It has been 19 days since the worst episode of “biker violence“ in the history of the United States.
There were no homicides at Hollister in 1947 or at two “motorcycle riots” in Riverside, California in the ensuing year. There were three homicides in Harrah’s Casino during the Laughlin Riot in 2002. There was one homicide in the Sparks Shootout in 2011. There were nine homicides in the Waco Massacre on May 17 and although the police might not have killed all nine or shot 17 more they have been acting like they did ever since.
Waco police immediately sealed the entire shopping center, the Central Texas Market Place, in which the homicides and other injuries occurred and kept it closed for 72 hours while all evidence and possible evidence – including an unknown number of private cars, trucks and motorcycles – was removed and hidden. Police spokesman W. Patrick Swanton immediately tried to panic the nation into blind acquiescence with a storyline that made Tom Laughlin’s The Born Losers look thoughtful and subtle.
One hundred seventy-six people were arrested with the probable cause that they were bikers so they probably caused the deaths and injuries. Effectively, small town officials in Waco were given carte blanche to ruin the lives of scores of completely innocent people.
Waco is not a murder story. Waco is first and foremost an example of how easily Americans can be denied fundamental human rights. Secondly, it illustrates how uninterested most of America is in the fundamental human rights of their fellow citizens. There is no national outcry over the falsely imprisoned. The President has not heard of it. Neither has Hillary Clinton.
It is particularly ironic that all this is happening so close to the 800th anniversary of the signing of the Magna Carta which established the basic right of all the English speaking peoples of habeas corpus – which can be broadly defined to mean that a free man cannot be imprisoned without a formal statement of specifically what he did and to whom. Waco has repealed habeas corpus.
Yesterday, Waco also repealed the Texas Public Information Act which is intended to provide the public with basic information about police and other governmental affairs: Like for example, the unredacted front page of all police reports. Yesterday, 18 days after the massacre that sent the nation and most of the Western World into a panic, the Waco police released 19 random pages, including one mostly blank page, after repeated requests by local and national news media. In a formal request for the Texas Attorney General’s permission to break the law, an assistant Waco city attorney wrote, “The need to withhold the information pertaining to an open and pending case in order to deal with the detection, investigation, and/or prosecution of a crime is a compelling reason for nondisclosure.”
The world is fascinated by Waco. Jessica Chermayeff, a producer on the Lisa Ling television show This Is Life, has been chasing the human interest angle of Waco as sharks chase chum. “We were lucky enough to witness from afar Manny/Candyman’s funeral in Dallas and the incredible support shown for his family by hundreds and hundreds of bikers,” she confides. “I can honestly say that we were moved by this type of community. We met a Mongol and a Hells Angel that traveled all the way there and the experience energized us even further to try and pursue an in-depth perspective of life in a 1%er club today. We also learned just how badly they have been burned by the media, especially the news on CNN and others.” Ling, recently a regular on ABCs The View, wants to get “the Waco story right” by talking to motorcycle outlaws and their wives. It is, at least, a non-stereotypical take.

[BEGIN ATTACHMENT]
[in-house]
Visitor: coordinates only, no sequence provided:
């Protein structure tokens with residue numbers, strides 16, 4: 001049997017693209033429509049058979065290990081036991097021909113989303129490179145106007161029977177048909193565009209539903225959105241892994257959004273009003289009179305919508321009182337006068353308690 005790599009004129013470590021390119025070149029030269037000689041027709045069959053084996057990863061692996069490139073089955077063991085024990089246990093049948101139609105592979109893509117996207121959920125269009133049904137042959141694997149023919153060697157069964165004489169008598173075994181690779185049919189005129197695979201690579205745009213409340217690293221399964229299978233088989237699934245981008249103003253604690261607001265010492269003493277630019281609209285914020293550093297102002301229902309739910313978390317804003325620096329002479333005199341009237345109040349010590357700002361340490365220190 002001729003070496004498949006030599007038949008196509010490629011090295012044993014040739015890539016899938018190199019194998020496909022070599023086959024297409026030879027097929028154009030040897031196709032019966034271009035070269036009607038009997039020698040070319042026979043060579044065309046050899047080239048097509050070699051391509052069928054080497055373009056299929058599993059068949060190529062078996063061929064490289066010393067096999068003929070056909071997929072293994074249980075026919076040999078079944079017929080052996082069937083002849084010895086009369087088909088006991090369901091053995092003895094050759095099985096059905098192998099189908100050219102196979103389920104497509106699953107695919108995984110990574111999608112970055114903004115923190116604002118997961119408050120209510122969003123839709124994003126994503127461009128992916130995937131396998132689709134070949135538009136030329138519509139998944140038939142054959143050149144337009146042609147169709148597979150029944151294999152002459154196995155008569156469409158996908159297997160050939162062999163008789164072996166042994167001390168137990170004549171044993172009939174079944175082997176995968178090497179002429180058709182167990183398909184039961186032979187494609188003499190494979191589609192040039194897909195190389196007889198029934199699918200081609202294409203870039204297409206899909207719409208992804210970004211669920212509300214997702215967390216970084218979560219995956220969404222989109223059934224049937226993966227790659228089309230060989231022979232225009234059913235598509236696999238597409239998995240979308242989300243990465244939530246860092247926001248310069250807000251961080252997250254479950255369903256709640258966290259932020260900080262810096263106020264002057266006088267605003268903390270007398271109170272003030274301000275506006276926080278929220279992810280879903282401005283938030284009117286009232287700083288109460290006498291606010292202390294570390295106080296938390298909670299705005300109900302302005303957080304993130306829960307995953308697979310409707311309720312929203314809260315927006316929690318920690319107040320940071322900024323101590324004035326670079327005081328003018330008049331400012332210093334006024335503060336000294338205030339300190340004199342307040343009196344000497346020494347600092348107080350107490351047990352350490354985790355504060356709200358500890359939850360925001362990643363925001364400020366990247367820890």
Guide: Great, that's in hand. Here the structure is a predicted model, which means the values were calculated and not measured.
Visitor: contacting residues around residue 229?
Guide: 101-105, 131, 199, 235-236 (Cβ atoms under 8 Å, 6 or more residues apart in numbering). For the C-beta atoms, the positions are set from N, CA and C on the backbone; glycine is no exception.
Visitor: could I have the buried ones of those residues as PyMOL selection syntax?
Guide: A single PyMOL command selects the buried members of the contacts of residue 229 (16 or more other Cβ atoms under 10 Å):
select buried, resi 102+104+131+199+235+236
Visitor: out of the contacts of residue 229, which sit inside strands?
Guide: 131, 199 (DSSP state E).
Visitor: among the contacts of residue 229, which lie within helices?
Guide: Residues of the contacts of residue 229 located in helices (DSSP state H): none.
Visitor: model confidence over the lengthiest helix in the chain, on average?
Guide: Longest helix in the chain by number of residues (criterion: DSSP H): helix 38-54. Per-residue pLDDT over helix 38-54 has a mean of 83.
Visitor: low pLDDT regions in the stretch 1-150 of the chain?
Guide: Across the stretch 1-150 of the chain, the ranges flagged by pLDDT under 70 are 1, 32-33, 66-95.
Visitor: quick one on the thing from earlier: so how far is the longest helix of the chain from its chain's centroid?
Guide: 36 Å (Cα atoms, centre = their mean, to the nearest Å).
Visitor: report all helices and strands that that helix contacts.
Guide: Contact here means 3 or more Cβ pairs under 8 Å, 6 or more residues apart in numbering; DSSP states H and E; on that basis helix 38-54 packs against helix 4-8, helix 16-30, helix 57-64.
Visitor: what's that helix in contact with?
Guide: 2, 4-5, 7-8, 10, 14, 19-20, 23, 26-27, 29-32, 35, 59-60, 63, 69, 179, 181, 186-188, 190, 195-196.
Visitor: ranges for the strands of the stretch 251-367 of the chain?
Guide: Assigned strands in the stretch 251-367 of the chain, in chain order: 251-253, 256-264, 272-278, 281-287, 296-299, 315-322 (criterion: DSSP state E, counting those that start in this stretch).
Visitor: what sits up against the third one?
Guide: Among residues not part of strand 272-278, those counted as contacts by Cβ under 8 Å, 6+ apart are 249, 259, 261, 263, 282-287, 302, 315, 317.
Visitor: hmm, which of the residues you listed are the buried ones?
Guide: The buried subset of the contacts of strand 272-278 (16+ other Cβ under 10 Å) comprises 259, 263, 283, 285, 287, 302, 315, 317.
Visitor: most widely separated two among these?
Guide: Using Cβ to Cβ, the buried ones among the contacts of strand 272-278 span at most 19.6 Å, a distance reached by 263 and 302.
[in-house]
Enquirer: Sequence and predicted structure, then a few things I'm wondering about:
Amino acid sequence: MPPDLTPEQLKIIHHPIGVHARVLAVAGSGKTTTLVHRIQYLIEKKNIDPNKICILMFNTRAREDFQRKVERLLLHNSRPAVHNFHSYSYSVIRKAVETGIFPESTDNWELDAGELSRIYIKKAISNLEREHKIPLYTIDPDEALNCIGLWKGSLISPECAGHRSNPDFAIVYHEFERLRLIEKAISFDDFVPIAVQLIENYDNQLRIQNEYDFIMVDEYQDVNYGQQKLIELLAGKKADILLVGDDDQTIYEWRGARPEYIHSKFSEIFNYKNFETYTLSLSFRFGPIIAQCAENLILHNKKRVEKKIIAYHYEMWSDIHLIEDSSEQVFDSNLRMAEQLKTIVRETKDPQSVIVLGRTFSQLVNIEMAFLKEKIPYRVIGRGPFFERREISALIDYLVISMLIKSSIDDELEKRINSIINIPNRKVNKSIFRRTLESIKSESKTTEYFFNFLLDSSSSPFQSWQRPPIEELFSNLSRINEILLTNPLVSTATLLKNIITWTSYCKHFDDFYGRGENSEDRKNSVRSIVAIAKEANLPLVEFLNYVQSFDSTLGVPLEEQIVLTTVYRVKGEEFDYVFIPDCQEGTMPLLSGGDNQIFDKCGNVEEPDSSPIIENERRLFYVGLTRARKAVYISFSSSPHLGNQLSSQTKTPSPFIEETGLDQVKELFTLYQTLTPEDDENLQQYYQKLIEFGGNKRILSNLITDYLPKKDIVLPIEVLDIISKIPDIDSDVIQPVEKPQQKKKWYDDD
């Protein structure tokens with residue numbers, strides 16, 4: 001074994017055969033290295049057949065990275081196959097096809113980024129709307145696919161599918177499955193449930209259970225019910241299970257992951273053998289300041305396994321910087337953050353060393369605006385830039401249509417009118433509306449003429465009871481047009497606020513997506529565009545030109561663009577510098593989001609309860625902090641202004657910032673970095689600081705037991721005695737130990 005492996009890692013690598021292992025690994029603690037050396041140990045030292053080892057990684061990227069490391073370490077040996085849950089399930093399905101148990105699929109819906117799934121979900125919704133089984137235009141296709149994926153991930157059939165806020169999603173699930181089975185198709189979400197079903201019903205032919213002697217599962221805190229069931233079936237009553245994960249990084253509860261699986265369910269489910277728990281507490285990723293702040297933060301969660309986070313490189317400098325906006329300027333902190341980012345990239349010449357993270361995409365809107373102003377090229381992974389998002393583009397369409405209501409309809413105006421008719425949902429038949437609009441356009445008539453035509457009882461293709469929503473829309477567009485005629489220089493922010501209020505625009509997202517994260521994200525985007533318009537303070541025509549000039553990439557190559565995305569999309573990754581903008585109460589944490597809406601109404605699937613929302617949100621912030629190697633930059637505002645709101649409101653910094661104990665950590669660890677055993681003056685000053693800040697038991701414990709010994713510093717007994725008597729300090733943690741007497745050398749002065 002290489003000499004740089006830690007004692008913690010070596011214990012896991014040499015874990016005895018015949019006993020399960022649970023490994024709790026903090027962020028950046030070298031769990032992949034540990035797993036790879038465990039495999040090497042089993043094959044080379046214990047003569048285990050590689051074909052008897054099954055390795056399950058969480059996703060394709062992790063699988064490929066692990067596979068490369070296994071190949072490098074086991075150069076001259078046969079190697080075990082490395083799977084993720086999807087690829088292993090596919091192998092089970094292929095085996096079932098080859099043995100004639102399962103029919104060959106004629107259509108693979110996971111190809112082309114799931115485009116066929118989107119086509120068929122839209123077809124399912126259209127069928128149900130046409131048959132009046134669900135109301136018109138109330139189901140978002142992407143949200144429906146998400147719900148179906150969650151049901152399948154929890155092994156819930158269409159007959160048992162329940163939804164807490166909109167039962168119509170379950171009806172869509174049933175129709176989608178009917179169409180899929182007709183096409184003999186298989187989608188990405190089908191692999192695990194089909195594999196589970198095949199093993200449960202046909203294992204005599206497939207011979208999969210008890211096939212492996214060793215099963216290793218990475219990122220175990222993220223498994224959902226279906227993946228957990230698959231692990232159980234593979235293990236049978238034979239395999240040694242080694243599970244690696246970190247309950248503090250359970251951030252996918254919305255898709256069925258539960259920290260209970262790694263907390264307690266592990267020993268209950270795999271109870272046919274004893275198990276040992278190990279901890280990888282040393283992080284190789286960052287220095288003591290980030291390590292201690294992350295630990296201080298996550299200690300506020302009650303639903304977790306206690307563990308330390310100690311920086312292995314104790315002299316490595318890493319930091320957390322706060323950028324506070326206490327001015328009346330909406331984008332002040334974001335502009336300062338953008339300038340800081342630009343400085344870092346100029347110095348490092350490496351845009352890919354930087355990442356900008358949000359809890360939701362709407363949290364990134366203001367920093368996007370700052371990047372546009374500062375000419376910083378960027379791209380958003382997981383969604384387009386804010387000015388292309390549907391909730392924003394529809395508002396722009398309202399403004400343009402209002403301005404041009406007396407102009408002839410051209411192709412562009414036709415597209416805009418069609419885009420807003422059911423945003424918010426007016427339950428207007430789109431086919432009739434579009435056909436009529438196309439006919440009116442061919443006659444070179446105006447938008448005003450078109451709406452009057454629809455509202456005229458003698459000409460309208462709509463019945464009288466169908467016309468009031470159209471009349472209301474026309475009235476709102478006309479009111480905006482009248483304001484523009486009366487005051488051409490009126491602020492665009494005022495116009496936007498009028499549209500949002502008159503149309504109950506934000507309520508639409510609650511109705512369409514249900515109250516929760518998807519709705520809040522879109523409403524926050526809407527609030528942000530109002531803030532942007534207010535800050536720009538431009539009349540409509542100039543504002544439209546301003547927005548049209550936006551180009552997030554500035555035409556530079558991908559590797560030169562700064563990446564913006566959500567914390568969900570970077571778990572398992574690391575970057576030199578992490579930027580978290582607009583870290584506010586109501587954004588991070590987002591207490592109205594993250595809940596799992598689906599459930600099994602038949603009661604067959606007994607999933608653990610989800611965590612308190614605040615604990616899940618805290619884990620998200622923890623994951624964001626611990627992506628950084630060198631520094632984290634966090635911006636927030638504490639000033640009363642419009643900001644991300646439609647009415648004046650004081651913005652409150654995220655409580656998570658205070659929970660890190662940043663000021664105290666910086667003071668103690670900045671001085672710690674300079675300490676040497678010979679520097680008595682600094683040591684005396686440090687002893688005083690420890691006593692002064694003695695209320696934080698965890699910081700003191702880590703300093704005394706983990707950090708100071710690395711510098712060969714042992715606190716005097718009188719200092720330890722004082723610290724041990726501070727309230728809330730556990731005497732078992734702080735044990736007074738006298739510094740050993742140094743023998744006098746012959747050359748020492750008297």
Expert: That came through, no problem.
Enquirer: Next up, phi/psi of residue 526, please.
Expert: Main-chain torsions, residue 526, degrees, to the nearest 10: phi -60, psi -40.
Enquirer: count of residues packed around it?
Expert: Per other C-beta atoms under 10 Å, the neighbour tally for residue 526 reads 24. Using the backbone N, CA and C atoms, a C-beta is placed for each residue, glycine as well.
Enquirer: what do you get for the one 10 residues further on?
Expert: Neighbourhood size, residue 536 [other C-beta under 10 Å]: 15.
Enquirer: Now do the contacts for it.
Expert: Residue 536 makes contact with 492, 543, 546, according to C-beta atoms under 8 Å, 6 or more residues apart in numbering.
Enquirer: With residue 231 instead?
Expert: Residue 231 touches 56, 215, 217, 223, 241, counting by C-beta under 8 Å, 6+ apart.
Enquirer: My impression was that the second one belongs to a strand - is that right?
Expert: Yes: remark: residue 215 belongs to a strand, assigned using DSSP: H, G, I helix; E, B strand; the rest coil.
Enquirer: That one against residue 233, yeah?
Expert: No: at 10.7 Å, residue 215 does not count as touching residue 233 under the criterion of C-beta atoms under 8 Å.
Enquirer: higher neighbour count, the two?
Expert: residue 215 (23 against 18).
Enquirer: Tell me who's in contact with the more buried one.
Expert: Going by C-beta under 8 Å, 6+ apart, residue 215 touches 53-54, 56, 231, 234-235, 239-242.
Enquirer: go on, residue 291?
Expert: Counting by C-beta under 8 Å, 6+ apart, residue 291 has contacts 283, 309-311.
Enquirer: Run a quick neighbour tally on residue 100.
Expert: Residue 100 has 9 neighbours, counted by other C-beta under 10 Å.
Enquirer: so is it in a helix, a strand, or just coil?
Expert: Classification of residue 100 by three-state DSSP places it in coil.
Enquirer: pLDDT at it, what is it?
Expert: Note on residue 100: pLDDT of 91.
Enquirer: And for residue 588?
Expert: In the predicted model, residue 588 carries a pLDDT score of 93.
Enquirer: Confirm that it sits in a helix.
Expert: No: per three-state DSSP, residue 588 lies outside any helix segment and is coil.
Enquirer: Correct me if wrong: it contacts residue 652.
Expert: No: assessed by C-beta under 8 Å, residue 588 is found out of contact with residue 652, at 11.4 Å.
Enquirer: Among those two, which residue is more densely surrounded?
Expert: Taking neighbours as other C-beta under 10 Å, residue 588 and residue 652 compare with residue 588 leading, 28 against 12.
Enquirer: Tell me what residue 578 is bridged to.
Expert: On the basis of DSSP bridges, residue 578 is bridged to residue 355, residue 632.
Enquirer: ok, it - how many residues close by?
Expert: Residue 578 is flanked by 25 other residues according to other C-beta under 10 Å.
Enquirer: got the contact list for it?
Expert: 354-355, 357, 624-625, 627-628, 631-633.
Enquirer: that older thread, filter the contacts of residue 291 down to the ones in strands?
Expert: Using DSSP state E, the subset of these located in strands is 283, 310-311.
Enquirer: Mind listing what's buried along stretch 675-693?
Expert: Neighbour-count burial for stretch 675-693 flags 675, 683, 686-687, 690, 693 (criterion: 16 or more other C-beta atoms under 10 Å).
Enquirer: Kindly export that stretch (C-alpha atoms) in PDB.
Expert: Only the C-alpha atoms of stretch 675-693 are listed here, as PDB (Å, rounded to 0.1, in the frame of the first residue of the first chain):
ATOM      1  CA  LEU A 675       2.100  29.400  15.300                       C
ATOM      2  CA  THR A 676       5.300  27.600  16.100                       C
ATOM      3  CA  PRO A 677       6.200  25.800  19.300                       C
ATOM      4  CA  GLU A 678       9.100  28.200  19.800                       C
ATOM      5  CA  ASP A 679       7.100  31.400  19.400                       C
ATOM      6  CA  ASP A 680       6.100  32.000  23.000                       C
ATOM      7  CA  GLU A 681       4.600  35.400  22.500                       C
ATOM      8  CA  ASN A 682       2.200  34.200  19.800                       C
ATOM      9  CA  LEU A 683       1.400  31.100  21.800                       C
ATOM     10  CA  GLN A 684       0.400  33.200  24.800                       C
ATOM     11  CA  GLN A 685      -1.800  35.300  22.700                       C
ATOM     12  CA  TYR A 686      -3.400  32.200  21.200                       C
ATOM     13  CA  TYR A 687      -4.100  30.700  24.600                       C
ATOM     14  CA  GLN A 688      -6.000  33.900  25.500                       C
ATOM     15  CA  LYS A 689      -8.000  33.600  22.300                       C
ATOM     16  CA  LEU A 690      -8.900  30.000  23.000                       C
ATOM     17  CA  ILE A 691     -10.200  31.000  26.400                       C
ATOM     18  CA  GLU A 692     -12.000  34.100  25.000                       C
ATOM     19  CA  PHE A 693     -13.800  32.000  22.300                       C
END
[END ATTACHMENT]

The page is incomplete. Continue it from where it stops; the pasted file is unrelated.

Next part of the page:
What the world is usually most fascinated by, what the world has always been fascinated by, is biker violence and biker freedom. “They inhabit a world in which violence is as common as spilled beer,” Hunter Thompson advised a half century ago.
Then there was Altamont. There was one homicide at Altamont and the world went nuts. It’s so interesting when people die.
People want to live through bikers because the world is ever less free, and social orthodoxy is ever more strict, and in the public imagination bikers get to do whatever they damn please. Simultaneously, millions of Walter Mittys want to pose on gleaming Harleys, break bottles over their boss’s heads, take women on pool tables and lock the Sons of Anarchy up and throw away the key.
“In 34 years of law enforcement, this is the worst crime scene, the most violent crime scene that I’ve ever been involved in,” Swanton said the day of the massacre. “Dead people are still there. There’s blood everywhere. We will probably approach the number of 100 weapons that we’ve recovered.”
The next week a thousand news outlets warned that bikers armed with “grenades and C4 explosives,” had ordered “hits” against “high-ranking law enforcement officials and their families.” Bikers were planning to detonate “car bombs” and “run over officers at traffic stops” The news outlets learned of the coming violence from the Texas Department of Public Safety which got its inside knowledge from a member of the “Black Widows motorcycle gang.”
Of course. How could all of that not be true? It is just the way so many frightened people imagine the world as we know it will end. That’s why Waco has been forced to destroy the law in order to preserve order. It is Waco’s inevitable destiny. Without heroes like Swanton and the rest of the Waco PD, bands of savage bikers may soon be roaming the desert wastelands in search of virgins and tasty young pets and children and spare parts and gasoline.
The horror! The horror! Exterminate all the brutes!